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The ground state energy of a hard-sphere Bose gas - Elliot Lieb

RELATED STORIES

One-dimensional ferromagnets
Freeman Dyson Scientist
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I forget how I got interested in one-dimensional ferromagnets. It was always a generally sort of accepted dogma that you couldn't have ferromagnets in one dimension, that you needed at least two dimensions to create the co-operative behaviour in a collection of spins, because the standard models of ferromagnets only work in two dimensions or higher. They all work very well in three dimensions, which is the world we live in. In one dimension the ordering forces would not be strong enough, and it was clearly true that if you had short range interactions then you couldn't have long range order in one dimension. But the question had never been raised whether if you had long range interactions in one dimension you could actually have a ferromagnet. So I got interested in that and I found a model of a one-dimensional ferromagnet where I was able to prove that it really does have a long range order - in which the interaction between spins goes with the power of the distance, I think the inverse - the critical - the lower force is where it has inverse square interaction, so that the interaction between two spins goes like one over D2 where D is the distance. And in that case there is, in fact, an order-disorder transition, and there is an ordered phase and a disordered phase. And I was able to prove that, and it was not easy. This was again an interesting problem. It was in fact in this connection that I used the Littlewood method which I mentioned yesterday. I don't remember who first suggested this as a problem. It might have been Elliot Lieb. It's a whole subdivision of physics, one-dimensional physics, which is delightful to me because it's a field in which almost all problems are solvable, in which analytical methods actually work much better than they do in higher dimensions. So it's a playground for theoretical physicists who are able to do rigorous mathematics, even if it has not much to do with reality.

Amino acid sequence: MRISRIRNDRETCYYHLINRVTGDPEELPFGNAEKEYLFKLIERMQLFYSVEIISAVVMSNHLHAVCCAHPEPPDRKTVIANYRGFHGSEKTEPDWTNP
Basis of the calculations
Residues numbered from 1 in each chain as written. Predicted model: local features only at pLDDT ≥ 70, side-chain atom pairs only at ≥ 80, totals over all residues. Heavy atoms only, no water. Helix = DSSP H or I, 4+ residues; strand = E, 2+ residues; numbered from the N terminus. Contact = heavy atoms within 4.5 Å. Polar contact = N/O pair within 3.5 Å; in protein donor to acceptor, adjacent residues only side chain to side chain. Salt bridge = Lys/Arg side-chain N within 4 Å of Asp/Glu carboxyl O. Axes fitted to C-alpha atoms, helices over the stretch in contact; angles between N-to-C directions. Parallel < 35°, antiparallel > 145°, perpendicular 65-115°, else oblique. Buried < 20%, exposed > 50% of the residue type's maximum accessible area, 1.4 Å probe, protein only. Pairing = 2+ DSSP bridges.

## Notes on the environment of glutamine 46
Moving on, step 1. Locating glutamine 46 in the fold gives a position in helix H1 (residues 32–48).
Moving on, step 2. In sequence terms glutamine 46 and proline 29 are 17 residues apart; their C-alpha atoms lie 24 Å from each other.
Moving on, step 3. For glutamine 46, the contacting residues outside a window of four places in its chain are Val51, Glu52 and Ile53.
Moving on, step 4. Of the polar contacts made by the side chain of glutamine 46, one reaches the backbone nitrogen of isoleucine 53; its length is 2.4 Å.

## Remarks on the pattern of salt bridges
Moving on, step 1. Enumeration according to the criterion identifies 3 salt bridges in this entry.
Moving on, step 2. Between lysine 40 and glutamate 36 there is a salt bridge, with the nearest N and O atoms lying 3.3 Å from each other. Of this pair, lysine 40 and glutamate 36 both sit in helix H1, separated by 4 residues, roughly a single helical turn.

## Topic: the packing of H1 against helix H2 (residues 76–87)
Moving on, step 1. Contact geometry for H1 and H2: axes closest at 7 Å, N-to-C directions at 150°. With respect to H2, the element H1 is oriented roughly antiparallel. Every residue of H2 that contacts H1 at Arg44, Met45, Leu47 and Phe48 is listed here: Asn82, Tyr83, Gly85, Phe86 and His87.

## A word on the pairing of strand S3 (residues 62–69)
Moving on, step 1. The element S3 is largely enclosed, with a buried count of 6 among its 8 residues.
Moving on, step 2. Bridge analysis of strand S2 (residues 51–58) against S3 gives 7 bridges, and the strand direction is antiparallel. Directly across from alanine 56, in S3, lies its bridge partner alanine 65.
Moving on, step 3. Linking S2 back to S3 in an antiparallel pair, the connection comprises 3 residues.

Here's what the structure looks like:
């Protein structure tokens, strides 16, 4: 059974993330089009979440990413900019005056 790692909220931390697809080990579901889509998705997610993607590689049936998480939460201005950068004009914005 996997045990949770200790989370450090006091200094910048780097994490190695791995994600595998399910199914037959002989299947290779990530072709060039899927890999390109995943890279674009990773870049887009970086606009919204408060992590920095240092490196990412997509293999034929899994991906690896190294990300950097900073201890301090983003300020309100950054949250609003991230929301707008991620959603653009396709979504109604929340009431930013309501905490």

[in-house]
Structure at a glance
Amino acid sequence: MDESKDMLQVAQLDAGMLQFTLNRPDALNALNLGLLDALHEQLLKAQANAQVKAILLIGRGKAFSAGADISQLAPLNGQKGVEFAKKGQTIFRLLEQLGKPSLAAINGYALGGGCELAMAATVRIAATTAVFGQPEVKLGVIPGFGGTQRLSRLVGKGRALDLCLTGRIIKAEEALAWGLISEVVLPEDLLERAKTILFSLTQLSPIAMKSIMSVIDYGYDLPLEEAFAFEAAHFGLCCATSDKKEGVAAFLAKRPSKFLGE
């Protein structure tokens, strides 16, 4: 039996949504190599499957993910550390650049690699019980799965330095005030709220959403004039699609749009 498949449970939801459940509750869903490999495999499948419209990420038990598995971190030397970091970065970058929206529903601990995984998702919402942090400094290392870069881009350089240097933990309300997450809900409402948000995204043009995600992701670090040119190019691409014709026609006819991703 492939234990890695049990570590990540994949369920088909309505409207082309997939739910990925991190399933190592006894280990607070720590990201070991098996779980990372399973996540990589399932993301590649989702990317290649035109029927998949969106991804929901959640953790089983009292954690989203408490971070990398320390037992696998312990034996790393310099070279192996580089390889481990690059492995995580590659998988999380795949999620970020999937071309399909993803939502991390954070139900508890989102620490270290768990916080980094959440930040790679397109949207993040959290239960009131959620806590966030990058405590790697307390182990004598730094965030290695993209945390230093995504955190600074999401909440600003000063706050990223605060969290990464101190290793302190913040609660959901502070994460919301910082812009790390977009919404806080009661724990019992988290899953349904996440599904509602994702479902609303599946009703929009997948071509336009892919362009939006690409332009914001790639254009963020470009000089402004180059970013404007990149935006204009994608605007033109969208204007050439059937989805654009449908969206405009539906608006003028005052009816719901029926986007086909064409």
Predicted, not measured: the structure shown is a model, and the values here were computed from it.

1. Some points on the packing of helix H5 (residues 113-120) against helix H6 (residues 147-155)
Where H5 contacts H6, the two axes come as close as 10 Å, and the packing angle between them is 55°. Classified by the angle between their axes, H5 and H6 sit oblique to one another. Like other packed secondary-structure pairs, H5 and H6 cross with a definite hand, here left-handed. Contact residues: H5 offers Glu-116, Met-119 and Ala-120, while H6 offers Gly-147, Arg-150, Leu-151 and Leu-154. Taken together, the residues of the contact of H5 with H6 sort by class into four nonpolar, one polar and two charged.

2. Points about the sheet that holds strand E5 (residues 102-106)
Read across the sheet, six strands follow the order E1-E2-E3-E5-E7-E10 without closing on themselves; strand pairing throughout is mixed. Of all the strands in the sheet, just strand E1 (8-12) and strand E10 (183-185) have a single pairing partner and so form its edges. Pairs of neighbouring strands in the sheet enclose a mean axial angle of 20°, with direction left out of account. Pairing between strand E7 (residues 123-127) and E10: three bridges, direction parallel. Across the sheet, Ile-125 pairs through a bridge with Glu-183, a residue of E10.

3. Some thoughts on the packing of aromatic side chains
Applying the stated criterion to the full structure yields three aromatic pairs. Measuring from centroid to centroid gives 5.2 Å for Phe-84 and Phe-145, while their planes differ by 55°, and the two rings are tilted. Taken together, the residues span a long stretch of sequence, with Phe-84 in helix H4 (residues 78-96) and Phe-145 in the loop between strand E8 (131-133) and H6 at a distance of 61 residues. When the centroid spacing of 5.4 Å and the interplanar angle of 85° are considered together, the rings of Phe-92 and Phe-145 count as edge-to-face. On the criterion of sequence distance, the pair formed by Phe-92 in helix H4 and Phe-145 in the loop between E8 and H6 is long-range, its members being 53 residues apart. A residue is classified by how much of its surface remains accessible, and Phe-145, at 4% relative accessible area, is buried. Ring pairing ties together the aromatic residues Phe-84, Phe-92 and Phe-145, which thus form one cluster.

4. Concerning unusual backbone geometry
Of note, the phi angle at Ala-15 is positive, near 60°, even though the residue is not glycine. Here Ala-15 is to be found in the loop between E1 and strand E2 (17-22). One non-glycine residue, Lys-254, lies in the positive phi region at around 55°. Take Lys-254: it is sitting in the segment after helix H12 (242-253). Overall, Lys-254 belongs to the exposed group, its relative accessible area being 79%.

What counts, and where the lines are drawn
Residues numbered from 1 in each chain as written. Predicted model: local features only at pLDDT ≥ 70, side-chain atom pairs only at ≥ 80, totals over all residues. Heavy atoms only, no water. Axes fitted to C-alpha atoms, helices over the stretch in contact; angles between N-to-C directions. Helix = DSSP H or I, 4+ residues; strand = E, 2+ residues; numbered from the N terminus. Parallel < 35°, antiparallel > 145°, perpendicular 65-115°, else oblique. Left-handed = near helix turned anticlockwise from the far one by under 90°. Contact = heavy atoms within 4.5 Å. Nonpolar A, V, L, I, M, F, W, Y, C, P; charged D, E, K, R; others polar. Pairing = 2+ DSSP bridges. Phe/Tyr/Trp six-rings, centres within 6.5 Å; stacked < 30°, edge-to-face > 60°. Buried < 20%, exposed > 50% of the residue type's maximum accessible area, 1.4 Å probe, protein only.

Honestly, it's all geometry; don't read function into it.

Born in England in 1923, Freeman Dyson moved to Cornell University after graduating from Cambridge University with a BA in Mathematics. He subsequently became a professor and worked on nuclear reactors, solid state physics, ferromagnetism, astrophysics and biology. He has published several books and, among other honours, has been awarded the Heineman Prize and the Royal Society's Hughes Medal.

Listeners: Sam Schweber

Silvan Sam Schweber is the Koret Professor of the History of Ideas and Professor of Physics at Brandeis University, and a Faculty Associate in the Department of the History of Science at Harvard University. He is the author of a history of the development of quantum electro mechanics, "QED and the men who made it", and has recently completed a biography of Hans Bethe and the history of nuclear weapons development, "In the Shadow of the Bomb: Oppenheimer, Bethe, and the Moral Responsibility of the Scientist" (Princeton University Press, 2000).

Tags: Elliot Lieb

Duration: 2 minutes, 33 seconds

Date story recorded: June 1998

Date story went live: 24 January 2008